Lost in Space: Earth and Mars Were Formed From Missing Solar System Material

Developing Solar System

An artist’s conception of the developing solar system, with the young sun at its center and (proto-)planets accreting dust and debris from the disk. Credit: NASA

By looking at the range of isotopic variations in terrestrial and meteoritic samples, a Lawrence Livermore National Laboratory (LLNL) scientist and collaborators have figured out that Earth and Mars formed by collisions of planetary embryos originating from the inner solar system.

Rocky planets may have formed by two fundamentally different processes, but it is unclear which one built the terrestrial planets of our solar system. The planets formed either by collisions among planetary embryos from the inner solar system or by accreting sunward-drifting millimeter-sized “pebbles” from the outer solar system.

In the new research, the team showed that the isotopic compositions of Earth and Mars predominantly result from the accretion of planetary bodies from the inner solar system, including material from the innermost disk unsampled by meteorites, with only a few percentages of a planet’s mass coming from outer solar system bodies. The research appears in the December 22 issue of Science Advances.

“Our data refute a pebble accretion origin of the terrestrial planets but are consistent with collisional growth from inner solar system embryos,” said LLNL scientist and co-author Jan Render, who performed part of the measurements while working as a postdoc at his previous position at the University of Münster. “This low fraction of outer solar system material in Earth and Mars suggests the presence of a persistent dust-drift barrier in the disk and highlights the specific pathway of rocky planet formation in the solar system.”

Determining which of the two processes governed the formation of the terrestrial planets of our solar system is crucial for understanding the solar system’s architecture and dynamical evolution, and for placing planet formation in the solar system into the context of general planet formation processes, such as those observed in exoplanetary systems.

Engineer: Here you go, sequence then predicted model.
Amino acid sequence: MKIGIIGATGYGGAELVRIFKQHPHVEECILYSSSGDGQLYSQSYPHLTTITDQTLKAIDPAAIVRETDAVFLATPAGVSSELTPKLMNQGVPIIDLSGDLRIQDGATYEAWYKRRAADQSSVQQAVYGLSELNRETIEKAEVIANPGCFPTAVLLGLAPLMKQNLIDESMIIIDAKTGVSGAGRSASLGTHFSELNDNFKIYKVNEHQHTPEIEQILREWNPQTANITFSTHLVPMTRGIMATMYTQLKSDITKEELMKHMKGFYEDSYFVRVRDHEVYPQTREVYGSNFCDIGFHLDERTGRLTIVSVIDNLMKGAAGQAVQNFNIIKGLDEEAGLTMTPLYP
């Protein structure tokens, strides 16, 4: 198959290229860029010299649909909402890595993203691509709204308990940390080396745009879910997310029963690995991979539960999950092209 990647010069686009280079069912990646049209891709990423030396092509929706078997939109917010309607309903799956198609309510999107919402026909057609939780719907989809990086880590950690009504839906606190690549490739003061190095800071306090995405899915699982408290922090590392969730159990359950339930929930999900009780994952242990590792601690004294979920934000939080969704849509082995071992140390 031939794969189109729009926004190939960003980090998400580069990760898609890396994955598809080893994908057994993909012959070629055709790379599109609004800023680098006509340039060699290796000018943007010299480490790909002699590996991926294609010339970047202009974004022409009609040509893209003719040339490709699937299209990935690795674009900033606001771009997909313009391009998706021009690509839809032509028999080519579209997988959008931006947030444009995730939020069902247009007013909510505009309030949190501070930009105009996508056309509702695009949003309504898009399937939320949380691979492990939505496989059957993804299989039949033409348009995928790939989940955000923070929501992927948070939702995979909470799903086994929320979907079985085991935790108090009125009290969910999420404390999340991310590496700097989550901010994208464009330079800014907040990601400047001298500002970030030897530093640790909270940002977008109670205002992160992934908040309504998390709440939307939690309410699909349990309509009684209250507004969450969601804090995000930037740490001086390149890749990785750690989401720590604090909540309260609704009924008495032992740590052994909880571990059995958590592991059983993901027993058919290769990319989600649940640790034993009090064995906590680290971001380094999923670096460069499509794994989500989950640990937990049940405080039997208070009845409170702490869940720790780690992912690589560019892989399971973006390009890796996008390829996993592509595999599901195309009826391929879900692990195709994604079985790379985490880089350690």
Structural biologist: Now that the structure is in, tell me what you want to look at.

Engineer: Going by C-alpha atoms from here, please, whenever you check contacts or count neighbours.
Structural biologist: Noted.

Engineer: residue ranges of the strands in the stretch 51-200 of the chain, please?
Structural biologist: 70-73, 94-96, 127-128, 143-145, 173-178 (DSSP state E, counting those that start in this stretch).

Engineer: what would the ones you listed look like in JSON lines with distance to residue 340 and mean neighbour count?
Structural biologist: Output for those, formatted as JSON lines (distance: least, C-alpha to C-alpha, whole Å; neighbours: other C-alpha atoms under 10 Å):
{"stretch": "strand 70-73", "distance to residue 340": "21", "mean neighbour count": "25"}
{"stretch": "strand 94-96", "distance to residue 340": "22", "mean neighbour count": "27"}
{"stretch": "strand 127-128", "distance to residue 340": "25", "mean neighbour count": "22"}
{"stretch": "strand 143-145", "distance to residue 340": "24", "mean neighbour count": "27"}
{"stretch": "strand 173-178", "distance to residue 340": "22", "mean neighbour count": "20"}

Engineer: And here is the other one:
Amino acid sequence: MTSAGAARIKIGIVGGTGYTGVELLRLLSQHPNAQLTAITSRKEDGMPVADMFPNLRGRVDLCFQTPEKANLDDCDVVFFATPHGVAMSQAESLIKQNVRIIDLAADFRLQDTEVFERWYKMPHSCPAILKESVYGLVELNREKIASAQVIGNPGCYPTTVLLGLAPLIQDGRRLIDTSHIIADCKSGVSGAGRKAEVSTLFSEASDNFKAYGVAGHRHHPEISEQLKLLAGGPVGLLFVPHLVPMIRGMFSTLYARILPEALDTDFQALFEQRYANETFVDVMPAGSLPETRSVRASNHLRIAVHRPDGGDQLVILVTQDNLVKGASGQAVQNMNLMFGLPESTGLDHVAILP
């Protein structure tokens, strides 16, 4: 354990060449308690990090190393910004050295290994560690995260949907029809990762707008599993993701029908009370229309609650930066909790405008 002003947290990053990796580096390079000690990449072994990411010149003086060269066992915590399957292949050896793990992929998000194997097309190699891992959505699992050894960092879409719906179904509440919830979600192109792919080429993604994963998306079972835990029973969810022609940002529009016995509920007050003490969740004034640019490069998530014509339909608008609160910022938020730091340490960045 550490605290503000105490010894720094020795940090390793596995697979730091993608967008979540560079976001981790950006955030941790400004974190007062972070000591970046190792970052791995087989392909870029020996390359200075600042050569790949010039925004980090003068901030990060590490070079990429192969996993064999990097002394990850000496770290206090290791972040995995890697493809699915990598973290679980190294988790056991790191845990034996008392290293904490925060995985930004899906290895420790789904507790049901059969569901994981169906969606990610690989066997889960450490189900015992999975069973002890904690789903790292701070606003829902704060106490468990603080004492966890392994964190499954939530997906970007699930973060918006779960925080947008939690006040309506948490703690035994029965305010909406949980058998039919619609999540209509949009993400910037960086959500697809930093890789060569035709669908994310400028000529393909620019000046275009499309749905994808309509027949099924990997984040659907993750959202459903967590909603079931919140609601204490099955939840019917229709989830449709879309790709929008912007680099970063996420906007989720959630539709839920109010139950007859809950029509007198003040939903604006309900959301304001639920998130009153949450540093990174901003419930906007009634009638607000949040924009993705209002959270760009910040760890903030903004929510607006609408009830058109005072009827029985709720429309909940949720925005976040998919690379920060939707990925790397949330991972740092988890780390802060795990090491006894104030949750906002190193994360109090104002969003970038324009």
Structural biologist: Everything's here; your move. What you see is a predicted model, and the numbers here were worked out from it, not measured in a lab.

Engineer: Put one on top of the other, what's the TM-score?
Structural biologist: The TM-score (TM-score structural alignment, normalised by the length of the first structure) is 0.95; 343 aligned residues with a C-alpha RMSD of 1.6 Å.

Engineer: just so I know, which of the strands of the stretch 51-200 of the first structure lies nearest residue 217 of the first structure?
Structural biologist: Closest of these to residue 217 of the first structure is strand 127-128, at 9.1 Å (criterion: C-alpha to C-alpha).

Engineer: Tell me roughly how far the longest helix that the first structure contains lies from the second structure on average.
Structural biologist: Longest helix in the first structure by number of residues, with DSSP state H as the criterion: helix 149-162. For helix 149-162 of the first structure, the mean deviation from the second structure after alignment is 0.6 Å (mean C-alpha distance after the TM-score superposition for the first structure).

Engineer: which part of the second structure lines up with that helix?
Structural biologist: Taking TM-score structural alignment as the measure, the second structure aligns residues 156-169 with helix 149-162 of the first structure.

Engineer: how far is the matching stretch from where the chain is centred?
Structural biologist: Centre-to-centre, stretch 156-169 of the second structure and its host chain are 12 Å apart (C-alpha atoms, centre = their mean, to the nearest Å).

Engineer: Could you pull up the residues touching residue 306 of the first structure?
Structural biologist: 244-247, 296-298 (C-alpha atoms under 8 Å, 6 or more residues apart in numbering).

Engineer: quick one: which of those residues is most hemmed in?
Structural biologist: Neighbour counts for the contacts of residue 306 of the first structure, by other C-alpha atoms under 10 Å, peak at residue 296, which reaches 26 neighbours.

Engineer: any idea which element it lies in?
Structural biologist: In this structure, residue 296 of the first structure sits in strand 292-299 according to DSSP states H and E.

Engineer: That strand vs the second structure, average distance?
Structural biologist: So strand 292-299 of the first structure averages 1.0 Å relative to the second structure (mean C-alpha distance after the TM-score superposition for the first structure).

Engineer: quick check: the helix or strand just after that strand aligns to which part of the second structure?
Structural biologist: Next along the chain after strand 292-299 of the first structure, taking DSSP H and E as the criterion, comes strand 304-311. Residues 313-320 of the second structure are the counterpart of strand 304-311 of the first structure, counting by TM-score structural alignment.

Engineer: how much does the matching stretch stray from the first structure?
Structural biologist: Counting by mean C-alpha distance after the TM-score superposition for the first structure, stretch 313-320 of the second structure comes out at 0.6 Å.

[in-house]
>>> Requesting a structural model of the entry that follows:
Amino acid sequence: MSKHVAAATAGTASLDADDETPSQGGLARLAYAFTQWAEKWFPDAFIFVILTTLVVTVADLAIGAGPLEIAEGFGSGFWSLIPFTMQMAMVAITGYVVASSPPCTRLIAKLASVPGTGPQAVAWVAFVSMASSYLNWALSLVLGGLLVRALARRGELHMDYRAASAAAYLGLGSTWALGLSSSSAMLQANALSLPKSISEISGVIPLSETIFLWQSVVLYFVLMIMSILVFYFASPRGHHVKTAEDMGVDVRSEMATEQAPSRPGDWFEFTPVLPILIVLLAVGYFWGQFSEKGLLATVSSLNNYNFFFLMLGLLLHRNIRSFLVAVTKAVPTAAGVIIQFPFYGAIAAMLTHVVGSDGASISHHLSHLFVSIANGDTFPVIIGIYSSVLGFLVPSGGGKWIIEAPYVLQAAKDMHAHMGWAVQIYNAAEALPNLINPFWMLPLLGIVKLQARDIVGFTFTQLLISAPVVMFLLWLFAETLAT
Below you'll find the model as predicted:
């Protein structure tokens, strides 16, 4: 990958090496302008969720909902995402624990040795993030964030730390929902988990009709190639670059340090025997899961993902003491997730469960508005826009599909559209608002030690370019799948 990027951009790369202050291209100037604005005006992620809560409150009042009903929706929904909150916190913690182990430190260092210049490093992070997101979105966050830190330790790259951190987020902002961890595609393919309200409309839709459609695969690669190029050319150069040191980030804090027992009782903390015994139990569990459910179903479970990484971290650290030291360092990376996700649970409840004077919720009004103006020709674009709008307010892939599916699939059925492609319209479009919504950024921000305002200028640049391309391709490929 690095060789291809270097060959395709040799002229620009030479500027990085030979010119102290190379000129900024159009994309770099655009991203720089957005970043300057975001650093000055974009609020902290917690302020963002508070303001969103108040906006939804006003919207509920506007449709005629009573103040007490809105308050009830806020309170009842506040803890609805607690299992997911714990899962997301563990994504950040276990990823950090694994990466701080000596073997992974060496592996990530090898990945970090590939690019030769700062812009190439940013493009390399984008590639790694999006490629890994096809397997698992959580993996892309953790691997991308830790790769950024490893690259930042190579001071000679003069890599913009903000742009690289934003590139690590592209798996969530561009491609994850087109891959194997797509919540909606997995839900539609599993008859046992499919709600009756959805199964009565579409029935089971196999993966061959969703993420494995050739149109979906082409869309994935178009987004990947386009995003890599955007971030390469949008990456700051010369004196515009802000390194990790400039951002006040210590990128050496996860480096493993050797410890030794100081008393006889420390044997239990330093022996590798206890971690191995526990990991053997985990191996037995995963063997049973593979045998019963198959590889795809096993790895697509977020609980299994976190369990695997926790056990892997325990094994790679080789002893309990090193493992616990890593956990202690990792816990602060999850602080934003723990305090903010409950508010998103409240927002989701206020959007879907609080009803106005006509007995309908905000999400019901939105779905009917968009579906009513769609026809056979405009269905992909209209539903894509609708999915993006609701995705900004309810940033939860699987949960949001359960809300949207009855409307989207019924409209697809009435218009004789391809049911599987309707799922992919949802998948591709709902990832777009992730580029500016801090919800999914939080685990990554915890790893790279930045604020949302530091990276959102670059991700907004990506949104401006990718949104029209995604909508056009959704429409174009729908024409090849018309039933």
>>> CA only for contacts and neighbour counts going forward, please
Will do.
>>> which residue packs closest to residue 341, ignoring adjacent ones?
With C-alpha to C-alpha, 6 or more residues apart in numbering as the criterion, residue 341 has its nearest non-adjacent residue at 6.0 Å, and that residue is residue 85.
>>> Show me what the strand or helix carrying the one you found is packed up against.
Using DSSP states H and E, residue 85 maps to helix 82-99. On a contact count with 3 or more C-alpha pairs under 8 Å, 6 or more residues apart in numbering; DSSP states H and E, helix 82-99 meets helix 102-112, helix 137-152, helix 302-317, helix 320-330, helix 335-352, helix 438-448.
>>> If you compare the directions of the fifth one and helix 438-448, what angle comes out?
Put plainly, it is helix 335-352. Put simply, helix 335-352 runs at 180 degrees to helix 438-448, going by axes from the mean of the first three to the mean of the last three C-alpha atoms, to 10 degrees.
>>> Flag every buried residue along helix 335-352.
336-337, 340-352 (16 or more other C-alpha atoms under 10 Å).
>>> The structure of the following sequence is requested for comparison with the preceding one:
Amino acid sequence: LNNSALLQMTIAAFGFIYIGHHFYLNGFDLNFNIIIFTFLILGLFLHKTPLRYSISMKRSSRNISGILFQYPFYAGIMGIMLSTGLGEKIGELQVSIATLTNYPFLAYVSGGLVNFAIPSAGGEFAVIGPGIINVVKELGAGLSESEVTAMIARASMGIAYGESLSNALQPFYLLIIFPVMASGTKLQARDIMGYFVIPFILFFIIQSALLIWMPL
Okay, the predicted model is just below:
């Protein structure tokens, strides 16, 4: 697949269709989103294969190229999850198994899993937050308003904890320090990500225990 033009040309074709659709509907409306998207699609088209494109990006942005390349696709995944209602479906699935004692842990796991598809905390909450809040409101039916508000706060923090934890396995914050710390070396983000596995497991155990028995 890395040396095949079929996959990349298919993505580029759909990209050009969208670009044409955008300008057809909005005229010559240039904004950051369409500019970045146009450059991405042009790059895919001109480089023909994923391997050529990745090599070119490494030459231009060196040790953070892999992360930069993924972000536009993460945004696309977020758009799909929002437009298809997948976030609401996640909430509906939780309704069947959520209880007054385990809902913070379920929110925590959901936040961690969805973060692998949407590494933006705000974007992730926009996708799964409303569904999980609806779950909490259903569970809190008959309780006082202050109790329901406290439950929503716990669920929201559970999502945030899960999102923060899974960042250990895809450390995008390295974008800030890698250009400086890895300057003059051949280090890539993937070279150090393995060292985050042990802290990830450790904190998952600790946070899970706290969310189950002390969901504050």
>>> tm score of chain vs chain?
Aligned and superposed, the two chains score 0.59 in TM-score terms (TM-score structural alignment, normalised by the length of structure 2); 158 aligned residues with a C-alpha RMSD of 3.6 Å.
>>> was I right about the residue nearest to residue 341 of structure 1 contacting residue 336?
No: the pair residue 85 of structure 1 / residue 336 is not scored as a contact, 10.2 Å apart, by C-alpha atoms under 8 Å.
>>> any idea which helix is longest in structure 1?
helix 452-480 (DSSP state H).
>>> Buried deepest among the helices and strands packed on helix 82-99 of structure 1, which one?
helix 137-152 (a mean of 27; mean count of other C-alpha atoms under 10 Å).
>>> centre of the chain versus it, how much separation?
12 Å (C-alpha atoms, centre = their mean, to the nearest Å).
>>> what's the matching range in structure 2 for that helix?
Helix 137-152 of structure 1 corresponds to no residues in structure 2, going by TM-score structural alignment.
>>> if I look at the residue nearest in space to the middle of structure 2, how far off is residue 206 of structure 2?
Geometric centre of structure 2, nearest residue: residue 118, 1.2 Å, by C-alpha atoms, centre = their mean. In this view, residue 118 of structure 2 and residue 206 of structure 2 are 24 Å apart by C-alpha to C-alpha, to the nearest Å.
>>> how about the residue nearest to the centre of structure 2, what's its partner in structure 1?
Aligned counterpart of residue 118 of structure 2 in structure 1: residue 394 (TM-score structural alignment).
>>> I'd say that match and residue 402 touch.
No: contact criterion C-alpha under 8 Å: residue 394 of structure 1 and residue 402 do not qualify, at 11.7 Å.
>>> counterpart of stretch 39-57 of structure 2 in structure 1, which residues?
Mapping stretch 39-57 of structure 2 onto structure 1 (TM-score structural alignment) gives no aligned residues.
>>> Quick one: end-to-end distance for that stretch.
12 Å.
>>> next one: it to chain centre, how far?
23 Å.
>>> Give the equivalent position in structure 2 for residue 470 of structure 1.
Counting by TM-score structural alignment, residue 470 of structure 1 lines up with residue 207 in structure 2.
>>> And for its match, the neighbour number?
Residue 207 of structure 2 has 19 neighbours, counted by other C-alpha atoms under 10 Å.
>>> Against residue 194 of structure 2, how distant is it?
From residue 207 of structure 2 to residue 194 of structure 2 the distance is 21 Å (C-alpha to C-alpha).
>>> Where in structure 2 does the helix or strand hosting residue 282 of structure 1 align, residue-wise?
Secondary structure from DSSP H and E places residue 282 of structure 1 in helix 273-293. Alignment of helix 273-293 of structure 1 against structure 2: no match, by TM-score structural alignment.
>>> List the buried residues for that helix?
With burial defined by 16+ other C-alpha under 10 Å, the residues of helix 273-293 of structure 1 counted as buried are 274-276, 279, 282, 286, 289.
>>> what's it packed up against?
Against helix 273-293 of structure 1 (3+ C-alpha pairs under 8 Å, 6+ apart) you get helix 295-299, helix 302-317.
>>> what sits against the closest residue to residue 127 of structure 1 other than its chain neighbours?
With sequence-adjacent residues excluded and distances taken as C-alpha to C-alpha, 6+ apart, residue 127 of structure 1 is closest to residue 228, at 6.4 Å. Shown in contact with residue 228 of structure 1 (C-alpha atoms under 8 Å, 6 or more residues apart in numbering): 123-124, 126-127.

Nucleosynthetic isotope anomalies may be used to calculate how much material from the outer solar system has been accreted by the terrestrial planets. These arise as the result of the uneven distribution of presolar matter inside the solar protoplanetary disk, and they serve as a record of the history of the constituent materials of planets. These isotope anomalies permit distinguishing between non-carbonaceous (NC) and carbonaceous (CC) meteorites, which are commonly assumed to represent planetary bodies that accreted in the inner and outer solar system, respectively.

The team used the recent observation of correlated isotope variations among NC meteorites to show that both Earth and Mars incorporated material unsampled among meteorites, determined the provenance and isotopic composition of this lost planetary building material and used this information to assess the amount of CC material accreted by Earth and Mars.

For more on this research, see Earth and Mars Were Formed From Collisions of Large Bodies Made of Inner Solar System Material.

Reference: “Terrestrial planet formation from lost inner solar system material” by Christoph Burkhardt, Fridolin Spitzer, Alessandro Morbidelli, Gerrit Budde, Jan H. Render, Thomas S. Kruijer and Thorsten Kleine, 22 December 2021, Science Advances.
DOI: 10.1126/sciadv.abj7601

Other contributors include researchers from the University of Münster, the Université de Nice Sophia-Antipolis, the California Institute of Technology and the Museum für Naturkunde and the Freie Universitat in Berlin. The work is funded by the German Research Foundation.

8 Comments on "Lost in Space: Earth and Mars Were Formed From Missing Solar System Material"

  1. What’s amazing how the intelligent bio system was formed on planet earth.

  2. Gut Morning,diese mlssion von Himmel alles mit positive Gedanken. Frtig machan.manchmal unserer kroper ist schwer.wenn ibral nagative hören.schone gruss

  3. … and it looks like an old music lp thing, …

  4. More astrophysics garbage.

  5. Elohim E. Irizarry | January 8, 2022 at 2:14 pm | Reply

    I love science but im not a scientists because i believe in God,God is the creator and who formed all planets we can see stop creating false statements.

    • I believe in the Flying Spaghetti Monster, who created your puny god. Now I am trying to discover who created the Flying Spaghetti Monster – I mean, if we insist that everything needs to be created by a creator, then the creator needs a creator, who needs a creator… dude, it’s turtles all the way down.

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